In 2013, Liberal MNA Stéphane Billette introduced Bill 395 while in opposition. After unanimous approval from the legislature to study the bill, it never moved further.

If brought back to life, Bill 395 would solve all the above problems. It would create a new class of permits for small-scale distilleries in Quebec. Distillers using raw materials grown in the province could sell directly to the public from their distillery. They could also sell their booze at farmer’s markets, to restaurants and even to grocery stores. They would also, of course, be able to sell their products at the SAQ.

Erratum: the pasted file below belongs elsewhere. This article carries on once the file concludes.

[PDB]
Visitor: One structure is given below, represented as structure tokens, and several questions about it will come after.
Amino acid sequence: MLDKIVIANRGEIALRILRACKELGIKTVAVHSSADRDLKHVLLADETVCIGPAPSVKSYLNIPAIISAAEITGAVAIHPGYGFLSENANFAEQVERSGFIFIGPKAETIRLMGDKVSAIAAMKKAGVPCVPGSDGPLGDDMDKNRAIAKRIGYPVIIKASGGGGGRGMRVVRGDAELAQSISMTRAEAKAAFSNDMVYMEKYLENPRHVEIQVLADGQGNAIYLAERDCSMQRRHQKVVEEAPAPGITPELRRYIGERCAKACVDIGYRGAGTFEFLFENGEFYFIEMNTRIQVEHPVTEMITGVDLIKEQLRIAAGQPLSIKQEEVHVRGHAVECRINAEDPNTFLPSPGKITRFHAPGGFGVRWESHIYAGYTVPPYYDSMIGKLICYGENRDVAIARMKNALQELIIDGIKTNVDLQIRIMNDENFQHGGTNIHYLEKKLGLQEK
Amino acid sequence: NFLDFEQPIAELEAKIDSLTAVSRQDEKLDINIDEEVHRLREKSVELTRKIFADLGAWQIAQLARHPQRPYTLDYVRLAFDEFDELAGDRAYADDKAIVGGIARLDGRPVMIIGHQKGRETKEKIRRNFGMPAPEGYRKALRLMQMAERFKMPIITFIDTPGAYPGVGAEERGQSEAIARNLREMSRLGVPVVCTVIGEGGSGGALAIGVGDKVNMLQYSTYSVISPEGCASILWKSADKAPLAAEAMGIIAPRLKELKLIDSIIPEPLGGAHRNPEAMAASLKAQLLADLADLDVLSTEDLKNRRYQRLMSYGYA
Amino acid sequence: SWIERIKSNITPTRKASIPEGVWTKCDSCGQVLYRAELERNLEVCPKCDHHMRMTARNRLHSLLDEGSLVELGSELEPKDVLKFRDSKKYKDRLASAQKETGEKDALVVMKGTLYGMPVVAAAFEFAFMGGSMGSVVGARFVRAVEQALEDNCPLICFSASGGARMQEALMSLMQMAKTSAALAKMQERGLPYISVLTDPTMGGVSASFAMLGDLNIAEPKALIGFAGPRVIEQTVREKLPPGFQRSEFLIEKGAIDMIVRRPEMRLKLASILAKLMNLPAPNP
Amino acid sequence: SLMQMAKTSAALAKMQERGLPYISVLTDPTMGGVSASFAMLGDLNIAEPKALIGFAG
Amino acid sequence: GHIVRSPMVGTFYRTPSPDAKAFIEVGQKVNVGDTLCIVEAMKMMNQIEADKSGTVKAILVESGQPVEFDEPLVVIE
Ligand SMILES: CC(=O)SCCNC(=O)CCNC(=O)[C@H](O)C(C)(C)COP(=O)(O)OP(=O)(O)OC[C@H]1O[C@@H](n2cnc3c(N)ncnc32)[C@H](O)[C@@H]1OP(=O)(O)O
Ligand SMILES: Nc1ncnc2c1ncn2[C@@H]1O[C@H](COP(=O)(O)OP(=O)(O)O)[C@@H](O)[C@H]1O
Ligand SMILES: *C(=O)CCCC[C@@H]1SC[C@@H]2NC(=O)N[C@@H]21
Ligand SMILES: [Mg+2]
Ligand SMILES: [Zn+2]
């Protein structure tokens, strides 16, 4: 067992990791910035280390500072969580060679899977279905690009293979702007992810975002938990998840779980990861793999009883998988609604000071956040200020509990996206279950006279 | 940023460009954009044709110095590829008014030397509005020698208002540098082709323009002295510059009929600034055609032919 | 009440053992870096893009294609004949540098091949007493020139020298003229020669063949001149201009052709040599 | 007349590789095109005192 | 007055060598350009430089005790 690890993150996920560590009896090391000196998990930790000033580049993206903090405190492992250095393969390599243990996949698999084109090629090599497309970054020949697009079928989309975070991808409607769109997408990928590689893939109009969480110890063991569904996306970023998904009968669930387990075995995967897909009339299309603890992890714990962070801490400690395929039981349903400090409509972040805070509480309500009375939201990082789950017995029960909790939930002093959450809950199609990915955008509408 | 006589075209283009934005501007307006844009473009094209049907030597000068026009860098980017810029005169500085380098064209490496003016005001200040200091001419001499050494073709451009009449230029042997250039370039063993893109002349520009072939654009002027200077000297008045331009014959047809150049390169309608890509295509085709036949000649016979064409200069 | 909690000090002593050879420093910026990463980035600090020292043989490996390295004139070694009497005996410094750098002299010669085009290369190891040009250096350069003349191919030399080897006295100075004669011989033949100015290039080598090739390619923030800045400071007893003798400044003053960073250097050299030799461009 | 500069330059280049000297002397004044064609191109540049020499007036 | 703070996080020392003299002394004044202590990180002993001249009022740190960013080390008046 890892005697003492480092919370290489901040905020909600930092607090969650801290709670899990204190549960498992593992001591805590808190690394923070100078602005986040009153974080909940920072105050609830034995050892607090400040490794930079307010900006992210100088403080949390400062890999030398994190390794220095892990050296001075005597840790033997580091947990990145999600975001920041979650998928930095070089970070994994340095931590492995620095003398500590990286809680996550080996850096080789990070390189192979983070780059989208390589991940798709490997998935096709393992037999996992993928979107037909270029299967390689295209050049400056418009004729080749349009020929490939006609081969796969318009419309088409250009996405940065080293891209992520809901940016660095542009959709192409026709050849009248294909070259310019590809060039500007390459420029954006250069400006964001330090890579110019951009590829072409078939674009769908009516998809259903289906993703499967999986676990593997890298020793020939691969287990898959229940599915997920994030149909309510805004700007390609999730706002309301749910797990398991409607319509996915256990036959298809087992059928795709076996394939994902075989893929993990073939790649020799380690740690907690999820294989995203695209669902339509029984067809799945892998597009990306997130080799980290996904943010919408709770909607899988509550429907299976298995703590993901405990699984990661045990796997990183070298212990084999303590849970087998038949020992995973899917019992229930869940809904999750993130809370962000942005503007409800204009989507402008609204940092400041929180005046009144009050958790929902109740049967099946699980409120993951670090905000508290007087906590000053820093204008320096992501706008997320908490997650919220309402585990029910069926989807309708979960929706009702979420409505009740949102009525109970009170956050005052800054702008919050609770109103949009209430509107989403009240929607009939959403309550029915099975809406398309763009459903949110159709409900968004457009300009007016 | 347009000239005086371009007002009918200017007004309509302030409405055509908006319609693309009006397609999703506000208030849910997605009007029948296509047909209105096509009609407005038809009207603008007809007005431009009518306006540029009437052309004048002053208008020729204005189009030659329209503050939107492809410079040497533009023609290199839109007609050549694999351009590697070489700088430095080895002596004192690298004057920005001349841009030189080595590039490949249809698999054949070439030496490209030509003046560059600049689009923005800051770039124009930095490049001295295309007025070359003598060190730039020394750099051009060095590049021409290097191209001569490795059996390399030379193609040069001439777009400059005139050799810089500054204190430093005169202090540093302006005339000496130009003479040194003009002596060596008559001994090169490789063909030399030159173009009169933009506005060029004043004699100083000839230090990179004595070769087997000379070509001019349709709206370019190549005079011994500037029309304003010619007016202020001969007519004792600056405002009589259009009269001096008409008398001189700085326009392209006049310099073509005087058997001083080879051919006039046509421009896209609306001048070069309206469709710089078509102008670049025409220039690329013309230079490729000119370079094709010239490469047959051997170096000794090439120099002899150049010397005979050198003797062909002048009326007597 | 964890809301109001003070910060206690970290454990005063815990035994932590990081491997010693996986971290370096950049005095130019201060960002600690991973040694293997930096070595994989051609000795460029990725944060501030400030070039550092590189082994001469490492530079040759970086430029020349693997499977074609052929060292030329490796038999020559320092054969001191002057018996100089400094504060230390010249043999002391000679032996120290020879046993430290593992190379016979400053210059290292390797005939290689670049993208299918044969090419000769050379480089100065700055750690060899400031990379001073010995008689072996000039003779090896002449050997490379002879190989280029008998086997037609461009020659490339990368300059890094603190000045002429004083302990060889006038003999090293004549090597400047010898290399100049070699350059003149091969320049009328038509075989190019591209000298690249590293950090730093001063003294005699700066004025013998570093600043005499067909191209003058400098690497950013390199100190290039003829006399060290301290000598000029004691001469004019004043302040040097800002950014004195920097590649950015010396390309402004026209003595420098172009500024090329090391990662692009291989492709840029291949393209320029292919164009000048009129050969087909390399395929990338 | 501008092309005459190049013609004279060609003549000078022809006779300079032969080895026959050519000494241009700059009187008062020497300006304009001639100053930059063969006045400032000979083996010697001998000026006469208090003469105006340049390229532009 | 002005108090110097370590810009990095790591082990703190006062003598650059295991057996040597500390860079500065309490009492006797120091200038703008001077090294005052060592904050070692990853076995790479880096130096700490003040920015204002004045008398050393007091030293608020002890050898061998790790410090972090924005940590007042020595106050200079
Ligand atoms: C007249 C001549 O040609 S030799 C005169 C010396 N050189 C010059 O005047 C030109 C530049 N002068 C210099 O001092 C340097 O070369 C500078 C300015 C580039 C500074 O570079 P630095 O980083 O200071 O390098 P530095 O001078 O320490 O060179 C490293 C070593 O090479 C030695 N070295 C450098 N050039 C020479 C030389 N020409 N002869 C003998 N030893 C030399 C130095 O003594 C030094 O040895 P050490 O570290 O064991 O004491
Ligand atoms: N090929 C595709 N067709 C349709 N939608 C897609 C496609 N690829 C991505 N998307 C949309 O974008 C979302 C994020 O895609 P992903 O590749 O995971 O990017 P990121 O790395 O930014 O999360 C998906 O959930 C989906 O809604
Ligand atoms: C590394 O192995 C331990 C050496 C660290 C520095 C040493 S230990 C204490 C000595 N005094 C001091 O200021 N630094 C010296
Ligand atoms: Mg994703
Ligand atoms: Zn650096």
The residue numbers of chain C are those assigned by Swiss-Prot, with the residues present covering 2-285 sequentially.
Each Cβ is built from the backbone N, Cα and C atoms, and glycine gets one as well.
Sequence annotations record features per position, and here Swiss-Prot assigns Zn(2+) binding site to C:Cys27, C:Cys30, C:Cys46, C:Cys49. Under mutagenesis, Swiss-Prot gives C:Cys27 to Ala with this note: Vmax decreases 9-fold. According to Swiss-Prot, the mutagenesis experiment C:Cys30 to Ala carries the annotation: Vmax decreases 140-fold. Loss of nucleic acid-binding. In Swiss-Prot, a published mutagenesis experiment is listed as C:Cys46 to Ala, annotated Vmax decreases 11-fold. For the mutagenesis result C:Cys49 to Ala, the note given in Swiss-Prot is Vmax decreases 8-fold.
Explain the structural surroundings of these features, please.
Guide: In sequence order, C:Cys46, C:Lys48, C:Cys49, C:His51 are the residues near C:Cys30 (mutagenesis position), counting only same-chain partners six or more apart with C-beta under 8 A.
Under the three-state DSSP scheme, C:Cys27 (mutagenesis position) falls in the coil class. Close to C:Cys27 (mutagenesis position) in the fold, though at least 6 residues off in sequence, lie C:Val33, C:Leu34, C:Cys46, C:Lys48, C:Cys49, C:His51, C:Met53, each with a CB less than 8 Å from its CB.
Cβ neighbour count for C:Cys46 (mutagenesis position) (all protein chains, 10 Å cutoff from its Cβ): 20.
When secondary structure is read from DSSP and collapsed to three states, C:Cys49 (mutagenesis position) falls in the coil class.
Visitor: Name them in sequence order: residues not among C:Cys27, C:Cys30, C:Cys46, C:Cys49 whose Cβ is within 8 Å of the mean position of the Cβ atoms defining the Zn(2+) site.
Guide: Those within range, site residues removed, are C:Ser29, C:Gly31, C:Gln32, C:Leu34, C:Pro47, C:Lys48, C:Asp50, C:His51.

Bringing back this piece of legislation would not only give more freedom to struggling entrepreneurs, but it would be a boon for local economies.

Case in point: C2MTL’s official alcohol sponsor this year is Pur Vodka. Having won countless worldwide medals for best vodka, this company proves that Quebec can produce world-class hooch, made with local Quebec corn and locally sourced water. The company’s CEO, Nicolas Duvernois, wants to open up a new distillery in Mile End to expand his production, yet he finds the cost hard to justify. In conversation, he told me that if the law changed tomorrow and he could sell directly from his distillery, he would secure a $3 million loan for the new location. But until the province acts, he feels the costs outweigh the benefits. That’s only one of many possible multimillion-dollar investments that could be brought on by Bill 395’s revival.